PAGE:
suffocating – from the day
On people having trouble breathing.
A few facts- ish:
For roughly 90% of the people who go to the doctor, it’s not a medical reason.
Approximately 75% of tutor’s workload is with kids with high anxiety/stress
Many doctors report higher # of appointments during finals weeks.
The global rate of suicide is one every 40 seconds.
School affects some 90% of people.
Bullying carries on in so many ways for so many years.
very common: I have test anxiety.
not so common: I just figured out that I make myself or decide that I’m sick, because being sick in my room is the only way I get space and time to think for myself.
[most people don’t take long enough to figure that out.. and if/when they do.. there’s often too much assumed/accepted shame involved to admit it]
The requirement that a child go to school for about 6 hours a day, 180 days a year, for about 10 years, whether or not he learns anything there, whether or not he already knows it or could learn it faster or better somewhere else, is such a gross violation of civil liberties that few adults would stand for it. But the child who resists is treated as a criminal. – John Holt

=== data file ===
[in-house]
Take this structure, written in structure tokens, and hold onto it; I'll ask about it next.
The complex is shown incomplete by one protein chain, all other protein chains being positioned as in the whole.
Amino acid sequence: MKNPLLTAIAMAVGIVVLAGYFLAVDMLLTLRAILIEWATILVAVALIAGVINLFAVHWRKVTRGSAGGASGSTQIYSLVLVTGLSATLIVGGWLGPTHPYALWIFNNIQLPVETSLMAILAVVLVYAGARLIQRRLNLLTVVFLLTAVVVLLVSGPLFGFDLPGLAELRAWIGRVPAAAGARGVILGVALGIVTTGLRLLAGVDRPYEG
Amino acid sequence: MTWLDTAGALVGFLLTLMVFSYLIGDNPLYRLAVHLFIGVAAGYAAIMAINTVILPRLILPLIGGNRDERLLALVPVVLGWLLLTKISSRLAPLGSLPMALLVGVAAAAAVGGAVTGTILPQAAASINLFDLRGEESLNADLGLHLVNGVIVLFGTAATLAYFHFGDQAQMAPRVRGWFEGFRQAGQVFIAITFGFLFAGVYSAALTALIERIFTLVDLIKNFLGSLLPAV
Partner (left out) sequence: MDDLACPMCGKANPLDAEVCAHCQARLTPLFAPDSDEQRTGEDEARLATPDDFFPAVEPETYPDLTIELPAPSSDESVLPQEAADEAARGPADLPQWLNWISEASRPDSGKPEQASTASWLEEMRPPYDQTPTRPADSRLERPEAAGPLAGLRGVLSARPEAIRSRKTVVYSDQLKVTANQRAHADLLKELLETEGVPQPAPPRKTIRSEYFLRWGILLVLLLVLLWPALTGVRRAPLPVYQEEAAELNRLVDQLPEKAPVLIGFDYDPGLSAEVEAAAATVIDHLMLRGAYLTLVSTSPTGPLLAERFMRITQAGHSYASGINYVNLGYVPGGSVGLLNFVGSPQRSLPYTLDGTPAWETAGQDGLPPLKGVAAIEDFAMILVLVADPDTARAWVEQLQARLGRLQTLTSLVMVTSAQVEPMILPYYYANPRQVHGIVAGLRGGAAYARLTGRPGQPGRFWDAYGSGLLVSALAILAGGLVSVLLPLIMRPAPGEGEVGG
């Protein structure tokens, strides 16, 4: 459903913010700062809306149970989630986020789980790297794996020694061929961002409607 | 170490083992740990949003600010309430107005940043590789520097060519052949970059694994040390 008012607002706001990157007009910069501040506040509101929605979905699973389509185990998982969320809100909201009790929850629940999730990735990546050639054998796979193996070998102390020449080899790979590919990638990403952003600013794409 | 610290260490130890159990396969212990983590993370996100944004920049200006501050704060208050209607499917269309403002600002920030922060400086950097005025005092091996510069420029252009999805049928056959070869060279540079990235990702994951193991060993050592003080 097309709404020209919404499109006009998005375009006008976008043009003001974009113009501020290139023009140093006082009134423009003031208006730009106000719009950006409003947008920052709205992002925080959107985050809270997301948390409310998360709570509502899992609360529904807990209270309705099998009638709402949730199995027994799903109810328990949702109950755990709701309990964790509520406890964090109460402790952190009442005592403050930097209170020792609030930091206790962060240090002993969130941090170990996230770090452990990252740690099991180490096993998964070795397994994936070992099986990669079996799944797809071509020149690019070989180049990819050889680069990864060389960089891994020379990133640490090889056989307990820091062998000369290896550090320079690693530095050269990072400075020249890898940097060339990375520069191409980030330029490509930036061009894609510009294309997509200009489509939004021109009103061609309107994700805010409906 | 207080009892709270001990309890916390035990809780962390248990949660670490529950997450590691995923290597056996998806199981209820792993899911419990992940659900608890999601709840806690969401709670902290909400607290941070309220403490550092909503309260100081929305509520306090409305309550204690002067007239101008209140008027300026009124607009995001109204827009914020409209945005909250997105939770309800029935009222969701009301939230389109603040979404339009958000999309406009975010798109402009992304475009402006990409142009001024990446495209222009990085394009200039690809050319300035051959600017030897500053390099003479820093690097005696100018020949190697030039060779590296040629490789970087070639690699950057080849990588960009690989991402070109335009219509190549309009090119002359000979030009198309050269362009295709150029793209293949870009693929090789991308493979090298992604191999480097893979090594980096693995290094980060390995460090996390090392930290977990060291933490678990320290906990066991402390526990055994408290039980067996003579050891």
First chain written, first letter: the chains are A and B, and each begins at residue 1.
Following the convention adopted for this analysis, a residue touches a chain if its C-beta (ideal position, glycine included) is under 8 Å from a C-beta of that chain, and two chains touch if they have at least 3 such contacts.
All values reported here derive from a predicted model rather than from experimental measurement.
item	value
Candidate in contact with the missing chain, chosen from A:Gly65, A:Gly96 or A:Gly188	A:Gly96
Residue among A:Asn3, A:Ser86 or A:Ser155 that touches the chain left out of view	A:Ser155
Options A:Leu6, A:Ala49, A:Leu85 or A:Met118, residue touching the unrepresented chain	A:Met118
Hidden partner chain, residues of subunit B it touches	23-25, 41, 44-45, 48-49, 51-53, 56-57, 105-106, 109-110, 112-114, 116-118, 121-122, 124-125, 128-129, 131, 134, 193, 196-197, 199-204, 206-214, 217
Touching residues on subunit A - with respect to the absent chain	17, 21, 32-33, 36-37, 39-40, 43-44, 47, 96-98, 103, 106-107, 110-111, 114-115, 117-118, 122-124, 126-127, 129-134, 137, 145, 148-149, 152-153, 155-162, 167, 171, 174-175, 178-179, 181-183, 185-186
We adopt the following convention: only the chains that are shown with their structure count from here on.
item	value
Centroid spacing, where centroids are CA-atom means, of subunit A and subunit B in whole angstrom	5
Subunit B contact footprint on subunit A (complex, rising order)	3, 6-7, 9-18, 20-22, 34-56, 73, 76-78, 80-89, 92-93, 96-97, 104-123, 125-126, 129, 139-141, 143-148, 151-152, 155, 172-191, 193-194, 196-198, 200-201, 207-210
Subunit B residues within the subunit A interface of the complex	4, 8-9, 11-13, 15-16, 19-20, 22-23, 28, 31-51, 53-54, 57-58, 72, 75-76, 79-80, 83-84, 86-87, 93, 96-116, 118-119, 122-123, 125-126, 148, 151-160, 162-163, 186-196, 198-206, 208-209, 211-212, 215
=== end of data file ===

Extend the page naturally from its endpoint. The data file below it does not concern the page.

what are we thinking?
perhaps we are watching the worst war – right before our eyes.
Because schools suffocate children’s hunger to learn, learning appears to be difficult and we assume that children must be externally motivated to do it. As a society, we must own up to the damage we do to our children…in our families and in our schools. We must also be willing to make the sweeping changes in our institutions, public policies and personal lives that are necessary to reverse that harm to our children and to our society. ~ Wendy Priesnitz